Some 450 young Jewish families have recently moved to the borough of Staten Island — most from Boro Park, but others from Williamsburg, New Square and elsewhere, including Chassidei Ger, Vizhnitz, Belz, Skver and others. Thirty-five of these families have settled in the Westerleigh neighborhood, which previously did not have an Orthodox community. They have not been warmly welcomed by all of their neighbors.
As Chassidic Jews have relocated from their long-time Brooklyn bastions over soaring home prices, new and growing Jewish communities have sprouted outside New York City across the tri-state area and beyond.
But some seven years ago, a few Gerrer families moved to Staten Island, and that borough, which already had its own sizable Jewish community, soon became a desirable destination within the city itself for those Brooklynites, Chassidic and non-Chassidic alike, looking for greener — and cheaper — pastures.
The earliest of these Brooklyn pilgrims settled in the Willowbrook neighborhood, which has boasted a flourishing Jewish community for more than five decades; then, some of the population began to spill over into nearby Manor Heights. Three years ago, for the first time, families began moving to Westerleigh, a neighborhood that had never had an Orthodox presence before.
The story of how an eruv was removed last month in Westerleigh – which now has 35 Orthodox families – following some residents’ complaints over a lack of permits, has been widely reported in the media. But community members say the eruv is just the latest in a litany of complaints that a minority of established Westerleigh residents have been levying against Orthodox Jews since they began moving into the neighborhood. The issue, say the Orthodox Jews, is one of unambiguous anti-Semitism, intended to make life difficult for Jews and thereby discourage more from moving into the neighborhood.
‘Because of Hate’
“The eruv was taken down because of hate,” says Rabbi Yisroel Rottenberg, a leader of the Gerrer kehillah in Willowbrook and an expert in eruvin. Rabbi Rottenberg was called upon to assist the nascent Westerleigh community when it began construction of an eruv around a year ago.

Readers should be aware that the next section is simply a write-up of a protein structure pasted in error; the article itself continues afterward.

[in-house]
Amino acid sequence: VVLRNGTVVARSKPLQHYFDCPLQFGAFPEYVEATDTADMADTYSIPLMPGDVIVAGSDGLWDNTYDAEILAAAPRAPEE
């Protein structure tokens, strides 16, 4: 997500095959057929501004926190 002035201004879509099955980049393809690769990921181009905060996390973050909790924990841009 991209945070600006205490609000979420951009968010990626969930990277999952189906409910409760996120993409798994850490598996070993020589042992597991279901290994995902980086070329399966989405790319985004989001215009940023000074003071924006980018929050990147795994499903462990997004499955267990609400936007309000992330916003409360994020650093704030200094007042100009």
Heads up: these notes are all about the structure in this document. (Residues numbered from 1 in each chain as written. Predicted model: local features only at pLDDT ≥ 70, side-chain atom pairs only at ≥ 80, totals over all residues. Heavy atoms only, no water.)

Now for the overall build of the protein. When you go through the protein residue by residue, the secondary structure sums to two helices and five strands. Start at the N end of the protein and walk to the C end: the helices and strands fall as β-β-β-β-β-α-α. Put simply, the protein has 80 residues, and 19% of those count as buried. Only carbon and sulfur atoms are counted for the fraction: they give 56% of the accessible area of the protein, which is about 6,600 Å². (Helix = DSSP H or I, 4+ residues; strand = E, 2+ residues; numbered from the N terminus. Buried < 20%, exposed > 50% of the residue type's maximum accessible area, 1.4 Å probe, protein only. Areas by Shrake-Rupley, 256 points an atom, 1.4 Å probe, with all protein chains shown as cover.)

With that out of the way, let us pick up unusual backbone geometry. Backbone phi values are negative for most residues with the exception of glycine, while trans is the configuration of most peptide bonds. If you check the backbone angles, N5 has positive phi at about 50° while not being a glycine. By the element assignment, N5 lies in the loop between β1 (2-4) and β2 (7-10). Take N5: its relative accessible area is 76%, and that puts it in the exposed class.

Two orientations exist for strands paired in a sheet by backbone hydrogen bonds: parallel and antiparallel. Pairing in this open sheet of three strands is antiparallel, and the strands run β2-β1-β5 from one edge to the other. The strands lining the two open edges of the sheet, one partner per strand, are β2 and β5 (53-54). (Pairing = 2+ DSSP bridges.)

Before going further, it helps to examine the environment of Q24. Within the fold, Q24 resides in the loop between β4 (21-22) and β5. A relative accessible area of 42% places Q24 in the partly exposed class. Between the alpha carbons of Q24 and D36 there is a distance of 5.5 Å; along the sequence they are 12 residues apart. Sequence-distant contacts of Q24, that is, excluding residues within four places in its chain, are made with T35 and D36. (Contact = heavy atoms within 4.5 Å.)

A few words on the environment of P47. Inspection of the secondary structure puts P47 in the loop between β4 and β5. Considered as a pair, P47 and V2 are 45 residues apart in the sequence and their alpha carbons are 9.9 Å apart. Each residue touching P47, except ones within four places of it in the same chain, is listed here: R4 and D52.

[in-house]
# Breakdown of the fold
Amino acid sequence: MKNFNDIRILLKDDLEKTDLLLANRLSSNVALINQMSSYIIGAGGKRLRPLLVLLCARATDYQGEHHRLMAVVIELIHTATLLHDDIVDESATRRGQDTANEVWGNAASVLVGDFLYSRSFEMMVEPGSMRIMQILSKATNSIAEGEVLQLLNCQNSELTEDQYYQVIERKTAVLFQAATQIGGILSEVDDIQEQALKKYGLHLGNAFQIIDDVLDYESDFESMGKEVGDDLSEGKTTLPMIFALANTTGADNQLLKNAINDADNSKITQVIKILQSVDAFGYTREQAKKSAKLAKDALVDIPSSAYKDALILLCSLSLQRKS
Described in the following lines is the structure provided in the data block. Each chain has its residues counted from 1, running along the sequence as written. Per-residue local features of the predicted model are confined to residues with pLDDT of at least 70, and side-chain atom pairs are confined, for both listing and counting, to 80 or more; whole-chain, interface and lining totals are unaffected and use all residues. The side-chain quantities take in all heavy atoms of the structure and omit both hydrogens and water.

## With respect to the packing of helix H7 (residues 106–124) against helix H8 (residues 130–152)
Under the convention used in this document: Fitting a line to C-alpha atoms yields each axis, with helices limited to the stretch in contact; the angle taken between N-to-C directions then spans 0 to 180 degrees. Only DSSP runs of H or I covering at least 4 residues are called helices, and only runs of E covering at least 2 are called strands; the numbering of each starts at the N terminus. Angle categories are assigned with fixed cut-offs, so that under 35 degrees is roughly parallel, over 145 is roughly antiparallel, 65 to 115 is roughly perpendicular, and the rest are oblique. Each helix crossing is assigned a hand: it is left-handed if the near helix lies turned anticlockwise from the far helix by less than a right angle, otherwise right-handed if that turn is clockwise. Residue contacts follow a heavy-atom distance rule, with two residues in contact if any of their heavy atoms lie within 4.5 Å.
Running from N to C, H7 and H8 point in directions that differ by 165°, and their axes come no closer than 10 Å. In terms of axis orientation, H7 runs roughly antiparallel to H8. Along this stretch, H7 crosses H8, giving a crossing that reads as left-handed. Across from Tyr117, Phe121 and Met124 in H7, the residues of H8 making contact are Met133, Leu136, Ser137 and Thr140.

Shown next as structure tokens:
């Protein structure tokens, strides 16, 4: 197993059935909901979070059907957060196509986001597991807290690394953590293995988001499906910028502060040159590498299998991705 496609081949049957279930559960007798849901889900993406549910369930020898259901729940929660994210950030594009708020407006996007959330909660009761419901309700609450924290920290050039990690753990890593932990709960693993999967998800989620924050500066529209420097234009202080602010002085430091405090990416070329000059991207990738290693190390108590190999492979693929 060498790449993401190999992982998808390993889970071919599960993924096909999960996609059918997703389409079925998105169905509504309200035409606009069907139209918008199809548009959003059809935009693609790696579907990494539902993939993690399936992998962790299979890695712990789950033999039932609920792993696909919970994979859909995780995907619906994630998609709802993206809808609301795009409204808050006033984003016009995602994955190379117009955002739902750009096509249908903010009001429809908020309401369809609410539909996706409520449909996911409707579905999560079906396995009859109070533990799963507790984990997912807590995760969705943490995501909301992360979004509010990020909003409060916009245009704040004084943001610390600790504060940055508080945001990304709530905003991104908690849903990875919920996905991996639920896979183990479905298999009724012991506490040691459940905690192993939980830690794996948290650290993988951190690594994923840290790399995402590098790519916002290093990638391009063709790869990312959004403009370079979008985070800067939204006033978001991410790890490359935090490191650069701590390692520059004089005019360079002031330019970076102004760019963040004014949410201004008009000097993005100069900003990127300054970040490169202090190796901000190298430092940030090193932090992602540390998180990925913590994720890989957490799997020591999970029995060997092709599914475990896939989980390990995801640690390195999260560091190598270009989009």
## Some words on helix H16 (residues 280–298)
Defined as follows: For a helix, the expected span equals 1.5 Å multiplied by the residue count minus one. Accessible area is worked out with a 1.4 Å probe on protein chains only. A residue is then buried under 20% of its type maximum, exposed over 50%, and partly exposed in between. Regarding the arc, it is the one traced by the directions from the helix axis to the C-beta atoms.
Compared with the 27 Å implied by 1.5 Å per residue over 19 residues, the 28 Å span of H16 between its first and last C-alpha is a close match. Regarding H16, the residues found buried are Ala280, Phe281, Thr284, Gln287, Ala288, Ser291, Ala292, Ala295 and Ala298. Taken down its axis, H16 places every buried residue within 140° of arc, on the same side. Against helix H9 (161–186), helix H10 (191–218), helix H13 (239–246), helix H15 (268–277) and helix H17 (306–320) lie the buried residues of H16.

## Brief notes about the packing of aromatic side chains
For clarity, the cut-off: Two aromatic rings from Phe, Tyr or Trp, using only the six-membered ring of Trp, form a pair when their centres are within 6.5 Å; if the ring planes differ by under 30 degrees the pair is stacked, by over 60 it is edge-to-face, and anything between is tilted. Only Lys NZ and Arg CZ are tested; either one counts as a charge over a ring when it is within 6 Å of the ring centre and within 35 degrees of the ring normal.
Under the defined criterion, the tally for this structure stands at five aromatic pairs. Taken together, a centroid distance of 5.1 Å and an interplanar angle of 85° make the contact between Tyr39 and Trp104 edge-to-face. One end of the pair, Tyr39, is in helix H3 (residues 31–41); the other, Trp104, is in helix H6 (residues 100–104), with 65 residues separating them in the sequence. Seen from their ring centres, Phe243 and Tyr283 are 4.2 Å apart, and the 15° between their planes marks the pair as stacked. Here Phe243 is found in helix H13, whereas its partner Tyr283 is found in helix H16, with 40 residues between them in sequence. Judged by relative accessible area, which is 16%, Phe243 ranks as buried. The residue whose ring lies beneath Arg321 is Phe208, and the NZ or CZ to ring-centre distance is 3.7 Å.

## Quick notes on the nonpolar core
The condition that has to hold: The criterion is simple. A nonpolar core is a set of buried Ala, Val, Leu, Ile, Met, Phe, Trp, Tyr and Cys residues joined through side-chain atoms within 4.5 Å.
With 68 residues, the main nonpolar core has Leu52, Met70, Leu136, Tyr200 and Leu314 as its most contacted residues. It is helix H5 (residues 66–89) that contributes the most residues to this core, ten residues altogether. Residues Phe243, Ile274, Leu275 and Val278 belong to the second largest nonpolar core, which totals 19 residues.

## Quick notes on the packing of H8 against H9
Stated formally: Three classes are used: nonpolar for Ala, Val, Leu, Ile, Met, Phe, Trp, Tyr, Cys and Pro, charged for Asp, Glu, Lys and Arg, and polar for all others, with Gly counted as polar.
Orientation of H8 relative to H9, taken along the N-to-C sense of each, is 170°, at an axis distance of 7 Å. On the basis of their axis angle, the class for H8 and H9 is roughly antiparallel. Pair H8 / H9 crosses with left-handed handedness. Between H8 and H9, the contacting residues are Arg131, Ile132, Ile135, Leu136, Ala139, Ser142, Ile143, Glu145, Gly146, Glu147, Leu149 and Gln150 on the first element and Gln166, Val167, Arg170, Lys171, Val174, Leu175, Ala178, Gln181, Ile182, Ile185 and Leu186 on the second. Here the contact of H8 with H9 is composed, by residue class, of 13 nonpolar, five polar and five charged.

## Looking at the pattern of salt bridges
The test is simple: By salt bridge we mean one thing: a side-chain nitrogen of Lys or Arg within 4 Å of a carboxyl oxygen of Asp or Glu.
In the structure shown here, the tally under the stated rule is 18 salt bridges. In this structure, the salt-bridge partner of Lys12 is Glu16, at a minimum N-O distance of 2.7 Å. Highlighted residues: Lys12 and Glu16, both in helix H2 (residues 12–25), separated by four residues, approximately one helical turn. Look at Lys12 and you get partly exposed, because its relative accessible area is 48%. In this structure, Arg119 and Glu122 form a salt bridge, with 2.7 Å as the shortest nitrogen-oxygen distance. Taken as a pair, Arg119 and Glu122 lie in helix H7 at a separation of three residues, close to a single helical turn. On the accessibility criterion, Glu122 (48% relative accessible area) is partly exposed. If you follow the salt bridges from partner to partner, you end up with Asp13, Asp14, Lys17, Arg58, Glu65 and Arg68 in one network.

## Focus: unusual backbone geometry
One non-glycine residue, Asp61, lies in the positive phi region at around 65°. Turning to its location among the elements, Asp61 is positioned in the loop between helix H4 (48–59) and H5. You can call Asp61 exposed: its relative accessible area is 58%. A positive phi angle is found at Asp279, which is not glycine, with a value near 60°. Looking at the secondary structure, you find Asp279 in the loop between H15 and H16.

“As we built the eruv, there were many hardships. Some Westerleigh residents gave us a very difficult time,” says Rabbi Rottenberg. “Some members of the Westerleigh Improvement Society were scaring away workers who were putting up the eruv.”
The Westerleigh Improvement Society (WIS) calls itself a neighborhood civic group. Its president, Mark Anderson, has been the prime antagonist against the Jewish community, according to residents who spoke with Hamodia. Anderson did not respond to multiple requests from Hamodia to be interviewed for this article.
The eruv committee sought assistance from the Young Israel of Staten Island, and its Rav, Rabbi Yaakov Lehrfield. That shul, located in Willowbrook, is one of the largest Young Israels in America, as well as being the largest religious institution of any kind in Staten Island.
In the year 2000, when Rabbi Lehrfield first became Rav, he had obtained permission from Con Edison and Verizon — with the help of Staten Island borough president James Molinaro — to place PVC pipes on their utility poles to serve as lechis for an eruv in the Willowbrook community. Because the agreement between Young Israel and the utility companies had given general permission for construction of an eruv in Staten Island, the Westerleigh eruv committee believed there would be no problem with piggybacking on the Young Israel permit and placing lechis on utility poles in their own neighborhood.